In my second job we worked on projects in small teams, maybe 2-3 people. My boss at the time, the team leader, was a lady called Andrea. She wrote everything down. I mean everything! I was still pretty new to the business world and rather naive, so I tended to rely on my memory a lot. Needless to say, she saved our bacon on numerous occasions. That was a very good lesson!
Now I’m still a bit lazy where general note-taking is concerned, but where tech is concerned I write down everything. If they are “general recipes”, I’ve probably already done a run through at home and written it up on my website. If they are company-specific notes or scripts, they go into the company knowledge base, or are saved as text notes on a shared drive. If I’m not sure where it should live, it goes in my scratchpad until I find a real home for it later. Nothing is ever lost!
As a DBA, you are often asked to use bits of technology you’ve not touched for years, or to look at systems you set up months/years ago, so having notes is a life saver. Last week I was asked to alter some WebLogic config on a system I set up about 2 years ago and I honestly didn’t have a clue what I had done. A quick rummage around and I found my setup notes and within about 30 seconds I was ready to go. It would have taken me ages to figure this stuff out again.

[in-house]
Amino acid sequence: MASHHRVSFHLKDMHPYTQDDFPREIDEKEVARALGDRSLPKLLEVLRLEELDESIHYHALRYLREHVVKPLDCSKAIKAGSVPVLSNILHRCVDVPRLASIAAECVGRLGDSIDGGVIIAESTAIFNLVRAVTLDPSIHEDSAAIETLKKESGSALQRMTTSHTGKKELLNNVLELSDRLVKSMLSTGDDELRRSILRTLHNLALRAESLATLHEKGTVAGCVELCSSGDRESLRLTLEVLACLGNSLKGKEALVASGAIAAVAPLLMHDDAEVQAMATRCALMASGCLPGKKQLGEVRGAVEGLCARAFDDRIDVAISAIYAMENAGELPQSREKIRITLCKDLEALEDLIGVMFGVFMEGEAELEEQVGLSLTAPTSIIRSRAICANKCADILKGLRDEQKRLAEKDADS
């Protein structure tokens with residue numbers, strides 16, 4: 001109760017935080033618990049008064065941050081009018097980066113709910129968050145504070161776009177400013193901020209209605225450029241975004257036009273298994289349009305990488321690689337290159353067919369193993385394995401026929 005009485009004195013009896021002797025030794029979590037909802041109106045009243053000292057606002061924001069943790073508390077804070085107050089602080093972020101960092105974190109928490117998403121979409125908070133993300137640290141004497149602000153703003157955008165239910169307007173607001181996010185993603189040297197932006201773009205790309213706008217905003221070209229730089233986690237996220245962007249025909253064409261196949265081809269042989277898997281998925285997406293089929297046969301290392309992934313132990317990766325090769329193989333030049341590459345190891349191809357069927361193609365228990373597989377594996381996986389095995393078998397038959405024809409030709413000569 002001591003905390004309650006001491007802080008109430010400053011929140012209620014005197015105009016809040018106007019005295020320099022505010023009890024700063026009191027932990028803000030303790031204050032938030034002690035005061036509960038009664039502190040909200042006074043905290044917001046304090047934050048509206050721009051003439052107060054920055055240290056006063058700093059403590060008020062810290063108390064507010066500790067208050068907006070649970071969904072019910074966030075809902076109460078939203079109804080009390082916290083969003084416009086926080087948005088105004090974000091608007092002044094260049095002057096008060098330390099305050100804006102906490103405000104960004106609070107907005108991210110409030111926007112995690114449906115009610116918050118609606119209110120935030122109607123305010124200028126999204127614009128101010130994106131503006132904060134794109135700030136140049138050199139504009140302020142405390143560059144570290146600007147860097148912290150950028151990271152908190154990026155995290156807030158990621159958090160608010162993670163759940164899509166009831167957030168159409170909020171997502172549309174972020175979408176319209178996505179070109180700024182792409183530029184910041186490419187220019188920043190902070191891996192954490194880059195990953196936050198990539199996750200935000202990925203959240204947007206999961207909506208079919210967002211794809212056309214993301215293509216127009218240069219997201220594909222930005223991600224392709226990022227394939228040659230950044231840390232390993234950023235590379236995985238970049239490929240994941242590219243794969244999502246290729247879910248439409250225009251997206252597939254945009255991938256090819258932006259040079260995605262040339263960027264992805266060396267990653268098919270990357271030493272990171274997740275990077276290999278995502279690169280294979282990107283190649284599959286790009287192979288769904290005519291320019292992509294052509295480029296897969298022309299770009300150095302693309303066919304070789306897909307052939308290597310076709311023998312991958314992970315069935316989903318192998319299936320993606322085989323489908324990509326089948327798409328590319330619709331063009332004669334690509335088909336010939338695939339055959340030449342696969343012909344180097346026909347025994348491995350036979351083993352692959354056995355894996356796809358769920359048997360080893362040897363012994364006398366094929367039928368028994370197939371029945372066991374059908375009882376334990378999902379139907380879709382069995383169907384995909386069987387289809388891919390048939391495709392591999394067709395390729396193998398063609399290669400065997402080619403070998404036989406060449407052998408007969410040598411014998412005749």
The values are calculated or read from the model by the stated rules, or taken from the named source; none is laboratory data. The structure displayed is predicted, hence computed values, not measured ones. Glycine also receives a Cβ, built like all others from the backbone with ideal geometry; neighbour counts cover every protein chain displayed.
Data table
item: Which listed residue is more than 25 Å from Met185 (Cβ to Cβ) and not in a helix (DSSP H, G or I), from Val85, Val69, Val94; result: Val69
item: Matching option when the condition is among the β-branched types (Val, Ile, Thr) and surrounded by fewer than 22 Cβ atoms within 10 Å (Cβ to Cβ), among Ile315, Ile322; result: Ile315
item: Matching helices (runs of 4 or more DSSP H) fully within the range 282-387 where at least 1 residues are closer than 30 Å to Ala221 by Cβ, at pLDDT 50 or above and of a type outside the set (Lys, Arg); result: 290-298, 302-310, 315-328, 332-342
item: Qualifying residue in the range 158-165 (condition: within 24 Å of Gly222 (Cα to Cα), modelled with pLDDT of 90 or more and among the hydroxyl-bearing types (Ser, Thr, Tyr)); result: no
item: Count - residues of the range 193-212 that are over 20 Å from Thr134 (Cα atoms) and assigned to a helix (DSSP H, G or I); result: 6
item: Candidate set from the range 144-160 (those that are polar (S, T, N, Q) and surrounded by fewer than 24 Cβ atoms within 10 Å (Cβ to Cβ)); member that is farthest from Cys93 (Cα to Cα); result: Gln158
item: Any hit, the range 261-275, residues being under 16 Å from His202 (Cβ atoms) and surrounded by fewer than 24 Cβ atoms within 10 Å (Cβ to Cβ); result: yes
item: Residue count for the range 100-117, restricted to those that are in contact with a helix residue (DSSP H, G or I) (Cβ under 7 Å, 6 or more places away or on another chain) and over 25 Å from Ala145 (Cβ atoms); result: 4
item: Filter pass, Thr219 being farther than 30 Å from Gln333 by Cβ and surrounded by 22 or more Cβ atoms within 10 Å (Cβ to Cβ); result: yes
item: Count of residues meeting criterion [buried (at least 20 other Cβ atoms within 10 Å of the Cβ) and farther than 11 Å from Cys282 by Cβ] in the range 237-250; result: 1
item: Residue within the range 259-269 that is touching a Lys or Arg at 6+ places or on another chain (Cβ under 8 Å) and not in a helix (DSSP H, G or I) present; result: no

When you are in the thick of things, you can’t imagine a time when you won’t remember everything about a project. A couple of months later, it’s like you never worked on it. The only way you can keep your head above water is to make notes. The trick is to write enough to explain things clearly, but not so much you can’t be bothered to read them.
I’m always telling people to write. It’s nice if it is something that you can publish on a website or blog, but even if all your notes are hidden away, you still need to write them. Very few people can keep all this crap in their heads at all time. The good people are those who know where to get the information from. The internet helps, but I would take my own notes over a random internet search any day. You know more about your job and your company than some random person in the internet. Make your own notes!
PS. I purposely stayed away from the words “document” and “documentation” as people hear them and switch off. I am of course talking about documentation, but not that bloated crap overpriced consultancies give you.